Review: The Great Buster

The full title of this documentary is The Great Buster: A Celebration and it certainly is that. From Dick Van Dyke to Mel Brooks to Werner Herzog, silent film star Buster Keaton aka The Great Stone Face is lauded for his enduring influence on film and comedy. This comprehensive bio-pic is from director Peter Bogdanovich (The Last Picture Show, Paper Moon) who loves telling the stories of the great men of cinema. And Keaton surely was one of the greats. The film is a fairly straightforward chronological telling of his life and career featuring lots of talking heads and film clips from his movies. For those who are unfamiliar with his work, the film will no doubt make them want to see his work. And for those who already knew him, it’s a loving reminder of a man way ahead of his time.

The gist of the story: Keaton was born into a vaudeville family and became a star at the age of 4. His serendipitous meeting with silent film star Fatty Arbuckle brought him to the screen, but his own talents both in front of and behind the camera made him the icon he remains today. The film walks you through his early successes, but then chronicles his demise when he made the mistake of signing with MGM and losing the autonomy that allowed him to make his greatest works. The studio system robbed us! But Keaton kept working, though never again producing the kinds of genius comedy he had for a brief period in the 20s.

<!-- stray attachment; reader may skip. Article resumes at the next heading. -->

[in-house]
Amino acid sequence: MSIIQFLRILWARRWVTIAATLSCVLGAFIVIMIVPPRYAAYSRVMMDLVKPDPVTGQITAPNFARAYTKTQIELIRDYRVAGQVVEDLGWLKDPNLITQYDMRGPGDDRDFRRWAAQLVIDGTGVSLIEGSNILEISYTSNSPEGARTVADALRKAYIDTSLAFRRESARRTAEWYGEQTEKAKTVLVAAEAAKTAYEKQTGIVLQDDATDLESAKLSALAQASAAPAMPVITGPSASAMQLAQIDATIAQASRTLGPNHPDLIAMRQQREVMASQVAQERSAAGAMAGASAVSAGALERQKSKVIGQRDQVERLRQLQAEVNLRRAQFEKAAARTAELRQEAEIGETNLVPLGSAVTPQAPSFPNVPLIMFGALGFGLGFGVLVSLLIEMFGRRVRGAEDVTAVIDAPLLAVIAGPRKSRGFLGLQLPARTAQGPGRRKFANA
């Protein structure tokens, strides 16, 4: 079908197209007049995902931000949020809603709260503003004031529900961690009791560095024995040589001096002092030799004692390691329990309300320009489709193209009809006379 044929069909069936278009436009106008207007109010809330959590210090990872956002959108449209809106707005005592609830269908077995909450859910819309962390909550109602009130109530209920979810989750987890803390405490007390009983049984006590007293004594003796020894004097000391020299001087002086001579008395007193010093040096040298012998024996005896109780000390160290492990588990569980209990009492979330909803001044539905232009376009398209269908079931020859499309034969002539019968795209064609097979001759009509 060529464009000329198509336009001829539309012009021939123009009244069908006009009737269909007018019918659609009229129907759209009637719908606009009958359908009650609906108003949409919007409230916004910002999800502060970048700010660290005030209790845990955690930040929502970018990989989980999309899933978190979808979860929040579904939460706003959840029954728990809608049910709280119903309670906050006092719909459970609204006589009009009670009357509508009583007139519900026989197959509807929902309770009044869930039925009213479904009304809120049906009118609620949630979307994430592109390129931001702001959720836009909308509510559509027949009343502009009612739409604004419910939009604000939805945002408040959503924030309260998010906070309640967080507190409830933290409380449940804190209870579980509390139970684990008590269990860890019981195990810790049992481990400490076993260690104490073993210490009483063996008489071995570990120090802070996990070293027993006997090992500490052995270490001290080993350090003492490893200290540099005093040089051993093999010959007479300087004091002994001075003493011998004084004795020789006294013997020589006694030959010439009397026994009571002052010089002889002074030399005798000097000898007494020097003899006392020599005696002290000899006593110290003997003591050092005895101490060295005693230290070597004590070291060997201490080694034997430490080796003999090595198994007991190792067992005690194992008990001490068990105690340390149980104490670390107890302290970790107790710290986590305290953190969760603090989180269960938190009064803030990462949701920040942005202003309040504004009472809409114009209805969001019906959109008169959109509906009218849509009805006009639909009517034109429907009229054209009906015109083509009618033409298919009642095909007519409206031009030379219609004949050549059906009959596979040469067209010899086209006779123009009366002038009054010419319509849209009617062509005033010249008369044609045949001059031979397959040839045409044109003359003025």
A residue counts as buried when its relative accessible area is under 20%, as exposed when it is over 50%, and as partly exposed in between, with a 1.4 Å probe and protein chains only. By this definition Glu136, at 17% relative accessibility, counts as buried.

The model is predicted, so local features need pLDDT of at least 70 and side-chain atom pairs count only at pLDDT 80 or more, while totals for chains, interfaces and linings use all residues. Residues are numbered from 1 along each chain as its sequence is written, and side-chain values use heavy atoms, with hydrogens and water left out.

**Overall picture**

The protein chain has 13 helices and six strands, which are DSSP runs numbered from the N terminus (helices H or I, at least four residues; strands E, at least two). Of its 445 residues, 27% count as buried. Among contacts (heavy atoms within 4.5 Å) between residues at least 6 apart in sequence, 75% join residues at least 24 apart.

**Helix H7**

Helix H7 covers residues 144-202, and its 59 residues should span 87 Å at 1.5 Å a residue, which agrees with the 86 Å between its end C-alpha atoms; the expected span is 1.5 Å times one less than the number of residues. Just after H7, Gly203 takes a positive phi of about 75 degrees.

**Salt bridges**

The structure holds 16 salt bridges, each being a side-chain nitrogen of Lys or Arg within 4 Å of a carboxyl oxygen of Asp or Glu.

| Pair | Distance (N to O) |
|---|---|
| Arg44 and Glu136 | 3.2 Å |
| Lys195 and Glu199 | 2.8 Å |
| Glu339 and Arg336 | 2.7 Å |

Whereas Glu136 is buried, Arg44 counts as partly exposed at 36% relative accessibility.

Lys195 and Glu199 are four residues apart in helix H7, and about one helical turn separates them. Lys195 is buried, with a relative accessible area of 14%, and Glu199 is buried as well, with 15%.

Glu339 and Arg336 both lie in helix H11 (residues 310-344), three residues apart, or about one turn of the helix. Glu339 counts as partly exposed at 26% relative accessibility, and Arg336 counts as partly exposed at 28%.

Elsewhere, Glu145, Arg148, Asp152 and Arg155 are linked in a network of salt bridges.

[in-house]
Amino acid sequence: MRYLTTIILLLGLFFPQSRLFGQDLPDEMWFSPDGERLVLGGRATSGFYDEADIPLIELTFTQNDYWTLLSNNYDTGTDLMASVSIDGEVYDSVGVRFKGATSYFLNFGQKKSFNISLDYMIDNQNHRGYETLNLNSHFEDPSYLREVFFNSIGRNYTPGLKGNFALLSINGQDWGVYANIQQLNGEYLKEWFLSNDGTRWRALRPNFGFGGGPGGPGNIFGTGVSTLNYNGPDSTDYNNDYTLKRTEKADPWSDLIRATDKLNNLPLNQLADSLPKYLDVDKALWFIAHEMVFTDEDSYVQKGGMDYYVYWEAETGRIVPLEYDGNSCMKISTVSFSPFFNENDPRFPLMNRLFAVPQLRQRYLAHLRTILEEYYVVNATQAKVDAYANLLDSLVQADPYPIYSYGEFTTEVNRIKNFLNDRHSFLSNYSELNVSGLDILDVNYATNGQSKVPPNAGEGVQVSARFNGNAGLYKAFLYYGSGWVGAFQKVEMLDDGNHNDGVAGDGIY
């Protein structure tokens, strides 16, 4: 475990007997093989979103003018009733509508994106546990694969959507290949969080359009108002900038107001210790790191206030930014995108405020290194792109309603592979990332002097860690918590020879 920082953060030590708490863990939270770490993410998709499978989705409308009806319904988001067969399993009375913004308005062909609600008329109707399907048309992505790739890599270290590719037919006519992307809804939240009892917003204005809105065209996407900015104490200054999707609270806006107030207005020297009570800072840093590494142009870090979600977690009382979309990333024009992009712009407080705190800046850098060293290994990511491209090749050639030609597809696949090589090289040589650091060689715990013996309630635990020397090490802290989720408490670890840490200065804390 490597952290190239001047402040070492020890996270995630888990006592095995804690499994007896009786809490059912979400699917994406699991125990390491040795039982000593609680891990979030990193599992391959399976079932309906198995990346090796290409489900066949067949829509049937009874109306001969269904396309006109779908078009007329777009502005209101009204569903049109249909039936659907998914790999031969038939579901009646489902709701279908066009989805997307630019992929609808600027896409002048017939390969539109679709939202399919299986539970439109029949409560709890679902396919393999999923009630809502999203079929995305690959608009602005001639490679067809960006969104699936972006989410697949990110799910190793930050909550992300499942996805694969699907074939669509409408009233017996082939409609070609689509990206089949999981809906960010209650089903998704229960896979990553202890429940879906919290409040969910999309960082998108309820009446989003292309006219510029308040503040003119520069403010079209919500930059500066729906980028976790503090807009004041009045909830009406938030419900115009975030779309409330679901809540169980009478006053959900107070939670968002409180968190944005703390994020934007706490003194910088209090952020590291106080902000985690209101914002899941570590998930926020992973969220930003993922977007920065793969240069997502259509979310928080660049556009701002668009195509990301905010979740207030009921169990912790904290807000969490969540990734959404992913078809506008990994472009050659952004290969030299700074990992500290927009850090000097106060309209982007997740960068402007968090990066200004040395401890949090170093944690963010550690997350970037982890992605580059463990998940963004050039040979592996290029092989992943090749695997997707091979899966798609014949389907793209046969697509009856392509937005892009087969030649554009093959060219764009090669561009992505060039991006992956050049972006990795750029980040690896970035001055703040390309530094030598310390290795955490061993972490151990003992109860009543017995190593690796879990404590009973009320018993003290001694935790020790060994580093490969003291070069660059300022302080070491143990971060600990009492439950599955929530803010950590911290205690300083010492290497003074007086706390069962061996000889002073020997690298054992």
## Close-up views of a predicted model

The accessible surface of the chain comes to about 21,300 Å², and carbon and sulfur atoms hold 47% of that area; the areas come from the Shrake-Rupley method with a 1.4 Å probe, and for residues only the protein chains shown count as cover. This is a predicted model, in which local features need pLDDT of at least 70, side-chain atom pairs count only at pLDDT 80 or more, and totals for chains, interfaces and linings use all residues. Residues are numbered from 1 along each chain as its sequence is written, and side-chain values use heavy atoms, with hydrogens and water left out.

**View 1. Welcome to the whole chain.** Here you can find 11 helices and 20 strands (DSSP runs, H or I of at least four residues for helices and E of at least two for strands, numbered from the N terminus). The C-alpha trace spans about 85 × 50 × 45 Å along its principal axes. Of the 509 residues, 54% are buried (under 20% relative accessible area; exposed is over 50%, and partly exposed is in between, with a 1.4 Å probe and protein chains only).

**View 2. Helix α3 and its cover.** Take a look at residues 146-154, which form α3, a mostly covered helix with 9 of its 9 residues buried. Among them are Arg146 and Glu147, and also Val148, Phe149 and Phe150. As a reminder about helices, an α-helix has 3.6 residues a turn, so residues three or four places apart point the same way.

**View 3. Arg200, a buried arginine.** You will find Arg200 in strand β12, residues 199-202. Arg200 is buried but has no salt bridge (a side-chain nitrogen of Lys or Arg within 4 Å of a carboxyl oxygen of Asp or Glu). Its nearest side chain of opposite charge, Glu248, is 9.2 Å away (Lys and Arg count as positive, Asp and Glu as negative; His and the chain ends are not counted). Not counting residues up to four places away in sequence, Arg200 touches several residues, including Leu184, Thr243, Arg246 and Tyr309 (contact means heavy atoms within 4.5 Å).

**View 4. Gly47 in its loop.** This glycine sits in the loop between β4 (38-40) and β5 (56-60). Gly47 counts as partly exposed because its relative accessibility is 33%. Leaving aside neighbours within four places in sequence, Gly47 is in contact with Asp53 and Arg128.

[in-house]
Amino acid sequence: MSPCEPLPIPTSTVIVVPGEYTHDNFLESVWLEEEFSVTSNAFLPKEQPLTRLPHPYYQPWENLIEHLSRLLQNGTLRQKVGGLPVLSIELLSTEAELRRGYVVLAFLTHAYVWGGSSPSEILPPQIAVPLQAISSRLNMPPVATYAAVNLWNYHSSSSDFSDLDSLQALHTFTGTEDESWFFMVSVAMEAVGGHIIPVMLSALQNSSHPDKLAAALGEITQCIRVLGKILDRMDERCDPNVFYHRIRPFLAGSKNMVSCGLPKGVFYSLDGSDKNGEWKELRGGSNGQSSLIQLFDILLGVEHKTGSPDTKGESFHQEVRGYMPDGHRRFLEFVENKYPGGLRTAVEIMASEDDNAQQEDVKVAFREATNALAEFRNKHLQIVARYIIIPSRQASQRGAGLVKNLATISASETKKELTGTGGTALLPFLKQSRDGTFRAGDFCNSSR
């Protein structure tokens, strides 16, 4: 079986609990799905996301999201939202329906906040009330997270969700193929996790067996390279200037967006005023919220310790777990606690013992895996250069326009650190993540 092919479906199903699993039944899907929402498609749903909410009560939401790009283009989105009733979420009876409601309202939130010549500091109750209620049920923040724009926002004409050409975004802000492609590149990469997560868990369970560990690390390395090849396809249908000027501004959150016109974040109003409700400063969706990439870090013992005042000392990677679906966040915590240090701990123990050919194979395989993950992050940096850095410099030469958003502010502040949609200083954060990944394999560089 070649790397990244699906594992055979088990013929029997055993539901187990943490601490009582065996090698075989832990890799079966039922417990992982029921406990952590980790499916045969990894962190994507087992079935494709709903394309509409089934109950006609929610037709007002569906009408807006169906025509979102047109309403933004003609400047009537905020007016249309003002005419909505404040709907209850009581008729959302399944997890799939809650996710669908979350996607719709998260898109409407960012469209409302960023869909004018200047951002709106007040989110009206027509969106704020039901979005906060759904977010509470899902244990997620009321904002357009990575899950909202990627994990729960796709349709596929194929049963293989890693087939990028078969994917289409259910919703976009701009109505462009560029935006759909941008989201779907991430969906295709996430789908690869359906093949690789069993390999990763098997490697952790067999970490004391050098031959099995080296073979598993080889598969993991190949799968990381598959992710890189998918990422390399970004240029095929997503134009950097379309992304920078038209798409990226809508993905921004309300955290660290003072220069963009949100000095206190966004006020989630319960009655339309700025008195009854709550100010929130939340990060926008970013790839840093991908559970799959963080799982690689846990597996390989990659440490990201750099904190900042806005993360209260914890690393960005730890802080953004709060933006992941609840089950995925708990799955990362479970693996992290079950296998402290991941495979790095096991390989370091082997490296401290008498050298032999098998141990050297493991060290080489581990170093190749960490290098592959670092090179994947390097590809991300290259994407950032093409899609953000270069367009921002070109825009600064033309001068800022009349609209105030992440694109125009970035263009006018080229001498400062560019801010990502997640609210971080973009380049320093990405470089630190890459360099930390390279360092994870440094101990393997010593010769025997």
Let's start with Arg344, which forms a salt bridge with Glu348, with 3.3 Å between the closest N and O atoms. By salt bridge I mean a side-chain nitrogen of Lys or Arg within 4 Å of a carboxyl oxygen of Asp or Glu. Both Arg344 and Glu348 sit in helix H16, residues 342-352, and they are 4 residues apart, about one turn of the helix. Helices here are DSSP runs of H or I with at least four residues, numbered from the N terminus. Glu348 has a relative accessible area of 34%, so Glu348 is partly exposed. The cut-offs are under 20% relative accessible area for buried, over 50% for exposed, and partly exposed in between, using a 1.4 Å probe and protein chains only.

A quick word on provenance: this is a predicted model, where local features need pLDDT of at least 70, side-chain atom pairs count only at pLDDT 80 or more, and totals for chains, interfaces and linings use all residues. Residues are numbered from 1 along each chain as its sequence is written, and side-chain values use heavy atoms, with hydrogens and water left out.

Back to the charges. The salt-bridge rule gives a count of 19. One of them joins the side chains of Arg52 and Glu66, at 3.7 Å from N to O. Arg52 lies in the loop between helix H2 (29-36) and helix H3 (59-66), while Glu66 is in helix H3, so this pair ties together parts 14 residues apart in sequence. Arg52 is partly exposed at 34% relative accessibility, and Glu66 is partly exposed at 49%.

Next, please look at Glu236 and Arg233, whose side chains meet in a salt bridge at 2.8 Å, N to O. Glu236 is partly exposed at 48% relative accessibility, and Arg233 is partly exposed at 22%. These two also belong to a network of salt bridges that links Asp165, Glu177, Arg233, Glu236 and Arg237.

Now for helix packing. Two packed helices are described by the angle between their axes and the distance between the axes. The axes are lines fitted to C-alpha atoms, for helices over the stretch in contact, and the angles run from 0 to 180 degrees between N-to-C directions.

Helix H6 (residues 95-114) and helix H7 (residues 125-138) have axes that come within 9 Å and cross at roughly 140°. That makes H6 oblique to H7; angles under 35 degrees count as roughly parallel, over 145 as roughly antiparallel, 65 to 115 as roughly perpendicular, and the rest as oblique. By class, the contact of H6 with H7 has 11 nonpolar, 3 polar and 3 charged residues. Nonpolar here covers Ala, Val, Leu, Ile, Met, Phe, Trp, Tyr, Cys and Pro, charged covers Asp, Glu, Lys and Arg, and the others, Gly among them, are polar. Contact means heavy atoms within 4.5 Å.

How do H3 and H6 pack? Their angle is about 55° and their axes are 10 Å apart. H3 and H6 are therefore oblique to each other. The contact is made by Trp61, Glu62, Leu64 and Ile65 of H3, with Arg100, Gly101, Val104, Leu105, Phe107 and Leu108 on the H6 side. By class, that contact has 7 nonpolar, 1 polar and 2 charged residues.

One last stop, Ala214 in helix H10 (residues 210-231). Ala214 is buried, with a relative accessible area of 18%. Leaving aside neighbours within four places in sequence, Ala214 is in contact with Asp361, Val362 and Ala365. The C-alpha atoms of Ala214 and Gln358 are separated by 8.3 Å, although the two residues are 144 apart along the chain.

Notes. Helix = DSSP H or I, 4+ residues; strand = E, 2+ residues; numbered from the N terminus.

A vast array of talking heads beat the drum of his genius and his influence throughout the film, with a few particularly odd choices. Do we need to know that Johnny Knoxville credits him for Jackass or that Spider-Man Homecoming director Jon Watts thought of him as a model for the faceless Spidey? Herzog and Tarantino both count him among the great innovators in the cinema. And several comedians wax on about why he was such a comic genius.

But at the end, most viewers who aren’t actual film history buffs will just want to sit down and watch a few of his films and see for themselves. Fortunately, most of his movies have been or will soon be digitally remastered (by the producers of this film) and available for viewing. I have a hard time with people telling me something is going to be funny and then watching. So I’d suggest you watch the Keaton films first and then the documentary. It will add to your appreciation of the man, but not necessarily of your viewing experience.

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